Times were good when First Baptist’s oilfield ministry began last October. It was the Permian Basin International Oil Show, and a group of Christians joined to distribute some 7,000 Bibles tailored specifically to oil men from nearby the event.
An oil price slide during the following months would hammer the industry, and First Baptist “boom pastor” Jesse Gore — to use his own title for himself — began arranging meetings at local businesses to talk about safety and God.
In doing so, he worked with Oilfield Christian Fellowship, believers from various churches in Midland and Odessa in a local chapter of a national group.
Now, they plan a job fair from 11 a.m. to 2 p.m. Friday to help the down-and-out find a way back. The event is at the Rock the Desert Complex on FM 1788 in Midland. Attendees can enjoy a free lunch and help in areas such as making resumes. In the meantime, Gore is working to round up just about any business hiring for good positions to show.
“I was impressed upon,” Gore said. “We will put it that way, seeing that there was a lot of need out there because of the downturn in our economy. And with that, we wanted to make Oilfield Christian Fellowship part of that as well.”
Many members of the Oilfield Christian Fellowship work in the oilfield, said Damien Barrett, a reservoir engineer with Energen Corp. who serves as director of the fellowship.
“I’ve got several friends that if they didn’t get laid off, they got cuts in pay or no bonuses,” Barrett said. “It’s just crazy. And with that I know several people who have gotten laid off, and we wanted to figure out a way we could help people find a job. That’s not really excluding anybody. So if there is anybody who has jobs available we are trying to get them to come to the job fair, whether in the oilfield or not. Because we just want people working.”
Already some non-oilfield employers are slated to attend, such as the Texas Department of Public Safety.
A year into the downturn, it remains unclear just how many workers in the oilfield and related industries lost their jobs, in part because companies, especially the major service companies representing some of Odessa’s largest private employers, do not disclose such figures by region.
But signs of continued pain abound. On Wednesday, Noble Energy disclosed plans to cut 60 jobs, including positions in the Permian Basin along with the Eagle Ford Shale and Houston.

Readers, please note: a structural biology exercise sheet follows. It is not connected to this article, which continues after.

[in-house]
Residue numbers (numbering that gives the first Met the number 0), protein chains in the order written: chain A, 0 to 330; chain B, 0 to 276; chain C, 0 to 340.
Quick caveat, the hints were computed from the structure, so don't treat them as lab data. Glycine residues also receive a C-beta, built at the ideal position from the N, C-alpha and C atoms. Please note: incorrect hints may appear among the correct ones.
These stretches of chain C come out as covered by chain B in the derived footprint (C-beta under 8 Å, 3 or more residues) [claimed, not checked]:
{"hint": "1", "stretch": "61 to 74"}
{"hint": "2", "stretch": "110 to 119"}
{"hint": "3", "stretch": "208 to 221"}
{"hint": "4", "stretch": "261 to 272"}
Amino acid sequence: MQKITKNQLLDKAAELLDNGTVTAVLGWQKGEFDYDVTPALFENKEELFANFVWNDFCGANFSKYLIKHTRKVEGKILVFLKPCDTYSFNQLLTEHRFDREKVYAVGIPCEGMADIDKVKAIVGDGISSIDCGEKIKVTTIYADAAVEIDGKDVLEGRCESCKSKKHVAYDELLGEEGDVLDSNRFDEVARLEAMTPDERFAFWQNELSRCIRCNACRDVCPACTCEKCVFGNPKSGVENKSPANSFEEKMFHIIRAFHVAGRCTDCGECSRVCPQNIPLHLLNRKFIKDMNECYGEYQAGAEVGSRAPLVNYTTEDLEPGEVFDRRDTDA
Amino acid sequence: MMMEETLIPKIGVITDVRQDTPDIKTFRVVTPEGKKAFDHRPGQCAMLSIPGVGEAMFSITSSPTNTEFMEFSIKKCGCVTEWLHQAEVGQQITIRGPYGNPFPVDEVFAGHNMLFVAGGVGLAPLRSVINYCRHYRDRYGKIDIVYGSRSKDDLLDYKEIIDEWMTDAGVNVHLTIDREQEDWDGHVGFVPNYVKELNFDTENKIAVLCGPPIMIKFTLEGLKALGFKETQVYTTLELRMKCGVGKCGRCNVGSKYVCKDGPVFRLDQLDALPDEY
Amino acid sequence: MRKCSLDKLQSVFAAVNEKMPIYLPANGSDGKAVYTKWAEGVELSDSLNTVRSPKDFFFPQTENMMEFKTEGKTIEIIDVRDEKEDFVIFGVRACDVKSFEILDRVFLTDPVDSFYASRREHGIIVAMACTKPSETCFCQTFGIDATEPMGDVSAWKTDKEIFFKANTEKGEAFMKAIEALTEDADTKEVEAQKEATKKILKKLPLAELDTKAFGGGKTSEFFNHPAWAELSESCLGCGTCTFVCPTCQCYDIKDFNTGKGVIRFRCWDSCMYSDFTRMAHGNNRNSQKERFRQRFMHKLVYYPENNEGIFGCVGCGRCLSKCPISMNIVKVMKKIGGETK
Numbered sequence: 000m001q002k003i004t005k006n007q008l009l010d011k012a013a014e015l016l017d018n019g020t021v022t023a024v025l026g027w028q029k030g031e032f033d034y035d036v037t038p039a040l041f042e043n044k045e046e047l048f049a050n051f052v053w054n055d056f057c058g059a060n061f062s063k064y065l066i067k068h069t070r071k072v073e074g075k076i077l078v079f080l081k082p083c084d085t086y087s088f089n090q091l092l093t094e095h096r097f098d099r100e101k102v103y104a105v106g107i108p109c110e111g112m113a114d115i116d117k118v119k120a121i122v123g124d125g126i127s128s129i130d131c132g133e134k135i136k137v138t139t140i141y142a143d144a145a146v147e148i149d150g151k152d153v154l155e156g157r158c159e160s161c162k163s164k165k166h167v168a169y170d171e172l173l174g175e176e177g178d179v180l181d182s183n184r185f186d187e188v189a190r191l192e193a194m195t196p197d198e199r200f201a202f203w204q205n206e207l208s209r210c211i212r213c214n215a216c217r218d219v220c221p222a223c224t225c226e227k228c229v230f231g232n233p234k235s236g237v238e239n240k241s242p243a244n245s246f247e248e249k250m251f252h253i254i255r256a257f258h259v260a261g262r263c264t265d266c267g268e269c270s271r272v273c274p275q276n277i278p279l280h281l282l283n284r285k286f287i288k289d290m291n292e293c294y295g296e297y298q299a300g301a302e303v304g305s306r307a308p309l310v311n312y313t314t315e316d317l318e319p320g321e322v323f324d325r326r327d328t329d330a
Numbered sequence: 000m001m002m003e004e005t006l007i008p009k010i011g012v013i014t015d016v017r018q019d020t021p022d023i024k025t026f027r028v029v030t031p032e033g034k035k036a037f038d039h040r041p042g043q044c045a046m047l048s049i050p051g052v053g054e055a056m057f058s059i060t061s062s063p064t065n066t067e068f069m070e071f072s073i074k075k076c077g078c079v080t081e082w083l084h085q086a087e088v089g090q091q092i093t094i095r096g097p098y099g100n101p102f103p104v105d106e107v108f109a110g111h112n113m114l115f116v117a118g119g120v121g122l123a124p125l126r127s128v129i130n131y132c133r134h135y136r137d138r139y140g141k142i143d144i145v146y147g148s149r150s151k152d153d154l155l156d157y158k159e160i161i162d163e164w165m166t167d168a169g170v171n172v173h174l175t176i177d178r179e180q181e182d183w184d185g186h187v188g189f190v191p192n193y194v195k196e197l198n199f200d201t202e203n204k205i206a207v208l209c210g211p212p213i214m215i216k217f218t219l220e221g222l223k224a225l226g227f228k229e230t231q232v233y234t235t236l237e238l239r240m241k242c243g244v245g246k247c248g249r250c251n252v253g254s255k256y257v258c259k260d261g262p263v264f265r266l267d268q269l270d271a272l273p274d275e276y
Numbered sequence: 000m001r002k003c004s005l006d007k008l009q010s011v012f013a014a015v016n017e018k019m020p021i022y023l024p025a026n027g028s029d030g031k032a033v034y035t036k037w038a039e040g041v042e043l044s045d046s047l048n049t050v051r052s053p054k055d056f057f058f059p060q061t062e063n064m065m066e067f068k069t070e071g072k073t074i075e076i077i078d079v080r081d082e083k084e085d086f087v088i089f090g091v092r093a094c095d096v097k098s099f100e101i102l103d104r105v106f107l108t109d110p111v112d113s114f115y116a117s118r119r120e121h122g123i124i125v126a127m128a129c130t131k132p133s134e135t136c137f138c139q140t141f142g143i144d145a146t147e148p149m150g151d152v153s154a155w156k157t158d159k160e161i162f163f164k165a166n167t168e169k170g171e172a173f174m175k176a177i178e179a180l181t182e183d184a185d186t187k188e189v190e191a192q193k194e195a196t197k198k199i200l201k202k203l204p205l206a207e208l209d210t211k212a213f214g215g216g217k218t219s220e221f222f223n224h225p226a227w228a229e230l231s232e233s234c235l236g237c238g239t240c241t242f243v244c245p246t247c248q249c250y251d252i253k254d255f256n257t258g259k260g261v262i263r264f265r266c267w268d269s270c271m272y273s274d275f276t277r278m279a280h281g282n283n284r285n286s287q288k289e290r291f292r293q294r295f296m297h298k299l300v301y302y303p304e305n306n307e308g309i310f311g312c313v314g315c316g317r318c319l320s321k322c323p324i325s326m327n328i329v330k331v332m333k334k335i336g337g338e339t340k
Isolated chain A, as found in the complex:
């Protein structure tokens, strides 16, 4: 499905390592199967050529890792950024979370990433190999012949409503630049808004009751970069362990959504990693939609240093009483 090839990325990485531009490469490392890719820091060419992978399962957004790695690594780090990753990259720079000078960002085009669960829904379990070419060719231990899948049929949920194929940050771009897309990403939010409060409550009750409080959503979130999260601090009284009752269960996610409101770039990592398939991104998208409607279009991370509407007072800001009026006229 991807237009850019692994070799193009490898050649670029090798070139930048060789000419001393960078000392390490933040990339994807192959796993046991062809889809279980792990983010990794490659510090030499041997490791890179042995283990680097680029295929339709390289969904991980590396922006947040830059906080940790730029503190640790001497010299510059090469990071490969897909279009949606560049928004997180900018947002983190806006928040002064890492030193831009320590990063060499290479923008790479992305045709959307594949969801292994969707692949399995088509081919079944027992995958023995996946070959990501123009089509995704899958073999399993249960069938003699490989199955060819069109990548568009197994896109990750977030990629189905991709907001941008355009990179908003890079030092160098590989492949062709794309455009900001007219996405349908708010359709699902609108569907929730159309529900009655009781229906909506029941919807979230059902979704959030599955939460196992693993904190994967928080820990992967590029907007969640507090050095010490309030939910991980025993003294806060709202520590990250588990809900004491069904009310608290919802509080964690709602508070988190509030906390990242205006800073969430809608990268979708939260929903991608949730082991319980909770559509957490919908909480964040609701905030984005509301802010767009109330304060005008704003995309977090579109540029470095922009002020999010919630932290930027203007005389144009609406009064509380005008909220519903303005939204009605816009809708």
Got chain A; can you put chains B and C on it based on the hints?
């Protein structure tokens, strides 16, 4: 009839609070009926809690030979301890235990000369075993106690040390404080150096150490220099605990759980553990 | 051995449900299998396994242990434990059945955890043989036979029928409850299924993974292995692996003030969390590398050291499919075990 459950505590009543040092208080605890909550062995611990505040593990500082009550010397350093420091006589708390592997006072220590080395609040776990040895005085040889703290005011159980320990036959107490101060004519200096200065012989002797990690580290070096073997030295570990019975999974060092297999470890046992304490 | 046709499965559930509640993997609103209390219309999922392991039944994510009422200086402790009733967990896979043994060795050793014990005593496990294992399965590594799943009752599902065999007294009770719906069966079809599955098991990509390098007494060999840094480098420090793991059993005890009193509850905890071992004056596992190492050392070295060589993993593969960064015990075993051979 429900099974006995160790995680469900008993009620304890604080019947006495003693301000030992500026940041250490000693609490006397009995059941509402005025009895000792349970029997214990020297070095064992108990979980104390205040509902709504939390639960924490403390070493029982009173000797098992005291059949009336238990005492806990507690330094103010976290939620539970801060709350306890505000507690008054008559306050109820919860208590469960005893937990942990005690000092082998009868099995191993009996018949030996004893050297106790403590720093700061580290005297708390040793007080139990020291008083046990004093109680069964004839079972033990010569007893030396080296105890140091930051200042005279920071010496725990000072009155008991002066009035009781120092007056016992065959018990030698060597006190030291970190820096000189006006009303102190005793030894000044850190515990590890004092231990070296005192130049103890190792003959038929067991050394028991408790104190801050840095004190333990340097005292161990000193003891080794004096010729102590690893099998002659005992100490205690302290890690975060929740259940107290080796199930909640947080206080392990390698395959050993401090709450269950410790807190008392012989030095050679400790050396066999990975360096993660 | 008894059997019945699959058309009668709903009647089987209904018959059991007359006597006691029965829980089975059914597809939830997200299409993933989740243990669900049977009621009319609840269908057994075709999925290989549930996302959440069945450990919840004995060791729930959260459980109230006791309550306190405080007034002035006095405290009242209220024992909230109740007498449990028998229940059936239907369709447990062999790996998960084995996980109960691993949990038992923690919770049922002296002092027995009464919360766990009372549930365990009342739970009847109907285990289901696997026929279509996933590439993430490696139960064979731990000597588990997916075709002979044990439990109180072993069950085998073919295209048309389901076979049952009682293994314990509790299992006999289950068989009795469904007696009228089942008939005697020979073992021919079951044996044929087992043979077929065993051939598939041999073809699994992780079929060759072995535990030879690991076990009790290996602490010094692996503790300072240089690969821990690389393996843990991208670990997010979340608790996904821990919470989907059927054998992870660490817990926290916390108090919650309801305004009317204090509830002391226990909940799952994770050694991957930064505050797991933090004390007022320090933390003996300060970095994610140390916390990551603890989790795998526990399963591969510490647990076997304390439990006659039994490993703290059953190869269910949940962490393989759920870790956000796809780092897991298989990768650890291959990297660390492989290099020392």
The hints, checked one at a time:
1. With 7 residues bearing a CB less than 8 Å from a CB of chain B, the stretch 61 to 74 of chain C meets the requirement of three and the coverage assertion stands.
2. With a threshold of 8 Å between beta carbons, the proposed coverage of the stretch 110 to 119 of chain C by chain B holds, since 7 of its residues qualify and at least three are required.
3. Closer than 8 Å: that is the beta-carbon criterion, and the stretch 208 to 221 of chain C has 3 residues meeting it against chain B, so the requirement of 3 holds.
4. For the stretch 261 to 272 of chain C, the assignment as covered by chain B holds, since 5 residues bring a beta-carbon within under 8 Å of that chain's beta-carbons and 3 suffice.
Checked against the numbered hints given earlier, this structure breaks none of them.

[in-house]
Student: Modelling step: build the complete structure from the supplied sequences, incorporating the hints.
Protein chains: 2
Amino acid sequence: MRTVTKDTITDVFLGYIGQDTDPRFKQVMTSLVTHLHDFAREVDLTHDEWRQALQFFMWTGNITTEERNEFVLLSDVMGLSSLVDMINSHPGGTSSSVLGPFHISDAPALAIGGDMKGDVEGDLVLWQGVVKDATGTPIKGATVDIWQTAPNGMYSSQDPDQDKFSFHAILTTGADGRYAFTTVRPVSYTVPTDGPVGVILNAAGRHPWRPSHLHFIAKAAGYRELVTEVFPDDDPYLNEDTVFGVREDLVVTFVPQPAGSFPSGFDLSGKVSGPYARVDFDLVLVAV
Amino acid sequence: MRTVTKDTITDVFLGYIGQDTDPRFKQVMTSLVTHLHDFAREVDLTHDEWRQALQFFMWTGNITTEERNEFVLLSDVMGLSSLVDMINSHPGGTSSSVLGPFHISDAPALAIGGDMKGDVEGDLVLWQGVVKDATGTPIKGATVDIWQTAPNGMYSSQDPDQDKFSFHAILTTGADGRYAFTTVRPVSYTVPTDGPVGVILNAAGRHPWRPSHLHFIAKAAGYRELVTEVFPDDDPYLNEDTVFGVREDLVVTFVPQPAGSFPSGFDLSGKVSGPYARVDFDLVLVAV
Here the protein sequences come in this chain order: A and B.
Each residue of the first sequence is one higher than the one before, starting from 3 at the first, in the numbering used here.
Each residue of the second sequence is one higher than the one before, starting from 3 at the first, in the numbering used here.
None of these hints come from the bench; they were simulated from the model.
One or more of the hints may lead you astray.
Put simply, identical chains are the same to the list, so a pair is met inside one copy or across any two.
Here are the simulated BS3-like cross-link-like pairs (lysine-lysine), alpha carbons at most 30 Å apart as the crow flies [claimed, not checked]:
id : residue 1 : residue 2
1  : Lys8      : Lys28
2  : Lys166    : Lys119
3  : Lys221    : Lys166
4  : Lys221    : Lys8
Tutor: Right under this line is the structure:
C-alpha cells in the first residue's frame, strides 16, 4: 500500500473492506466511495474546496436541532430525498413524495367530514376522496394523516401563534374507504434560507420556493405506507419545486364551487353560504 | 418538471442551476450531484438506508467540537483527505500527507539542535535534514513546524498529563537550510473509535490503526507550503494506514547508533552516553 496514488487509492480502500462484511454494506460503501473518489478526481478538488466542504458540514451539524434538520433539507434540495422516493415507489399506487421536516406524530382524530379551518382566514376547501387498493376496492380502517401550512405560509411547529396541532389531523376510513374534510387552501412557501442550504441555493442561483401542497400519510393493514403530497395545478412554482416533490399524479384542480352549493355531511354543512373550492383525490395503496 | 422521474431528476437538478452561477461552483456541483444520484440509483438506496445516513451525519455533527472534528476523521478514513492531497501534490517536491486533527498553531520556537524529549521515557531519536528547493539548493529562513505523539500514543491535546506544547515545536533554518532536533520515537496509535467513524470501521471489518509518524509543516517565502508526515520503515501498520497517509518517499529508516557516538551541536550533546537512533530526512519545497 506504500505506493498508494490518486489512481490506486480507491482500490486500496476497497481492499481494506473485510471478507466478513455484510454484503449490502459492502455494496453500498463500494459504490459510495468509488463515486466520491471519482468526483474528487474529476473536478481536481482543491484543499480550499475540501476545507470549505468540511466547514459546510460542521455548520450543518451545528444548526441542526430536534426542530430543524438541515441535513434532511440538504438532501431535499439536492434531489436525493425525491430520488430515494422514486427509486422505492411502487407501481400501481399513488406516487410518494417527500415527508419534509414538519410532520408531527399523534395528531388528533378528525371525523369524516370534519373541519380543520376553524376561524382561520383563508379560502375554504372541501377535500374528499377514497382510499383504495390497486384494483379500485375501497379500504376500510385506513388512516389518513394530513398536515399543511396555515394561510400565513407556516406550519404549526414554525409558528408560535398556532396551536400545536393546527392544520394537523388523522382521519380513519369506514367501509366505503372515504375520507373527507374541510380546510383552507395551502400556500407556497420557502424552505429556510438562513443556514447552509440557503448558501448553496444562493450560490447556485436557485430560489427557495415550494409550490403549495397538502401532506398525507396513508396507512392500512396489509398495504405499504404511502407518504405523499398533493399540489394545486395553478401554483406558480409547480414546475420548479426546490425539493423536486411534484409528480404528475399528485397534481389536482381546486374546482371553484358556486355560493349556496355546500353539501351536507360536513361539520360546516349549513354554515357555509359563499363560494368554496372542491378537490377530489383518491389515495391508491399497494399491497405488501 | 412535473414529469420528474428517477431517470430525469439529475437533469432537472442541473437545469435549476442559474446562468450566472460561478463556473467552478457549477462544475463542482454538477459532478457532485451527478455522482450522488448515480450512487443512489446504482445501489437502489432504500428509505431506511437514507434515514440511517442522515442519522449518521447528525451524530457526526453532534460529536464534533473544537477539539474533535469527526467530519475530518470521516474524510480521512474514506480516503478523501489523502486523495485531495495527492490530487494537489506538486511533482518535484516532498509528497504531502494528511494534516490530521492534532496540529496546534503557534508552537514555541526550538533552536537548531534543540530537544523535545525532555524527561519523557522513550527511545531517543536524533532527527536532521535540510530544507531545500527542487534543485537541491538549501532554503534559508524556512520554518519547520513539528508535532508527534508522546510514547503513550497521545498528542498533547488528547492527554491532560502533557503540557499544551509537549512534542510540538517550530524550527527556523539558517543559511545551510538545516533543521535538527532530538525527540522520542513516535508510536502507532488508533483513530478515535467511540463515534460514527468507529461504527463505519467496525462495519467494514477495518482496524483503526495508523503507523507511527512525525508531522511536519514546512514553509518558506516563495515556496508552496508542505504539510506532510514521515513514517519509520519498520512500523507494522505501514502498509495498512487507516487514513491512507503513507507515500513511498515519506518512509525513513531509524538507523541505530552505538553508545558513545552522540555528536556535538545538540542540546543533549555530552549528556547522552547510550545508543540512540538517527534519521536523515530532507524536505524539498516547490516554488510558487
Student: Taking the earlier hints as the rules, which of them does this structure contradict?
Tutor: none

Economist Karr Ingham in a Monday report estimated that oil and gas employment in the Odessa area is down about 15 percent, reflecting the loss of 5,500 jobs during the last 12 months,
“In truth the number is probably higher than that, and industry job loss will almost certainly continue in the coming months,” Ingham reported in his monthly economic index commissioned by the Odessa Chamber of Commerce.
But the ministry sees those losses through a lens others do not, and as far as Gore can tell it appears to be the only ministry of its kind.
In April, the boom ministry went to Energy Fabrication, a local oilfield equipment manufacturer whose owner Tommy Southall said he had just been forced to lay off a few employees and knew more pain would come as business continued to plummet.
“We had already laid off a few at that time, and we saw what was coming,” Southall said. “And it came.”
Such businesses make up a large chunk of the small businesses in Odessa, and interviews with businessmen like Southall, along with their suppliers, suggest a drop in business by 40 to 50 percent as oil prices more than halved during the past year.
But Southall, who knew Gore because he attends church with him, saw a way to raise his employees’ spirits, about 80 workers at that time. The ministry came with breakfast and offered a safety lesson in addition to spiritual advice.
“Every time the oil business starts bottoming out, we see layoffs, and a dire situation with families and upheaval in families — the kinds of things that cause a lot of strife in people’s lives,” Southall said. “In anticipation of that, and in anticipation of just wanting to be more of a mentor to your employees than just being able to give them a paycheck, we wanted to give them this opportunity to get a little closer to Jesus and have somebody to rely on other than their own intellect and their own thinking.”
As it turned out, Energen had to lay off another 30 employees, Southall said. But he plans on attending Friday’s event, hopeful that he can hire a few job seekers if business, which involves selling heating equipment for the oil patch, picks up. Southall said he is also looking at conservative expansions that could require more workers.
“We don’t have an ability to put anybody on at this time,” Southall said. “But we are always hoping that we can. Typically we get a little busier in the fall, which is what we are hoping to do. We are hoping we do pick up some and get to hire some of those guys there.”
Like Southall, Gore said he sees the role of church in the oil patch as a natural fit.
“I fully believe it’s a God thing to be totally honest,” said Gore, who used to work in the oilfield as an electrician. “Everything just kind of fell into place in so many facets — myself and my employment, the need that was obviously there, my experience in the oilfield and in related industries. We knew the world was being brought to our doorstep, and we felt we needed to make some impact in that respect. We thought, ‘Why not do that through the companies, and they’ve been extremely receptive.”
“Sometimes,” he continued, “We need to get outside the walls. We need to do that all the time, frankly.”
This article was written by Corey Paul from Odessa American, Texas and was legally licensed through the NewsCred publisher network.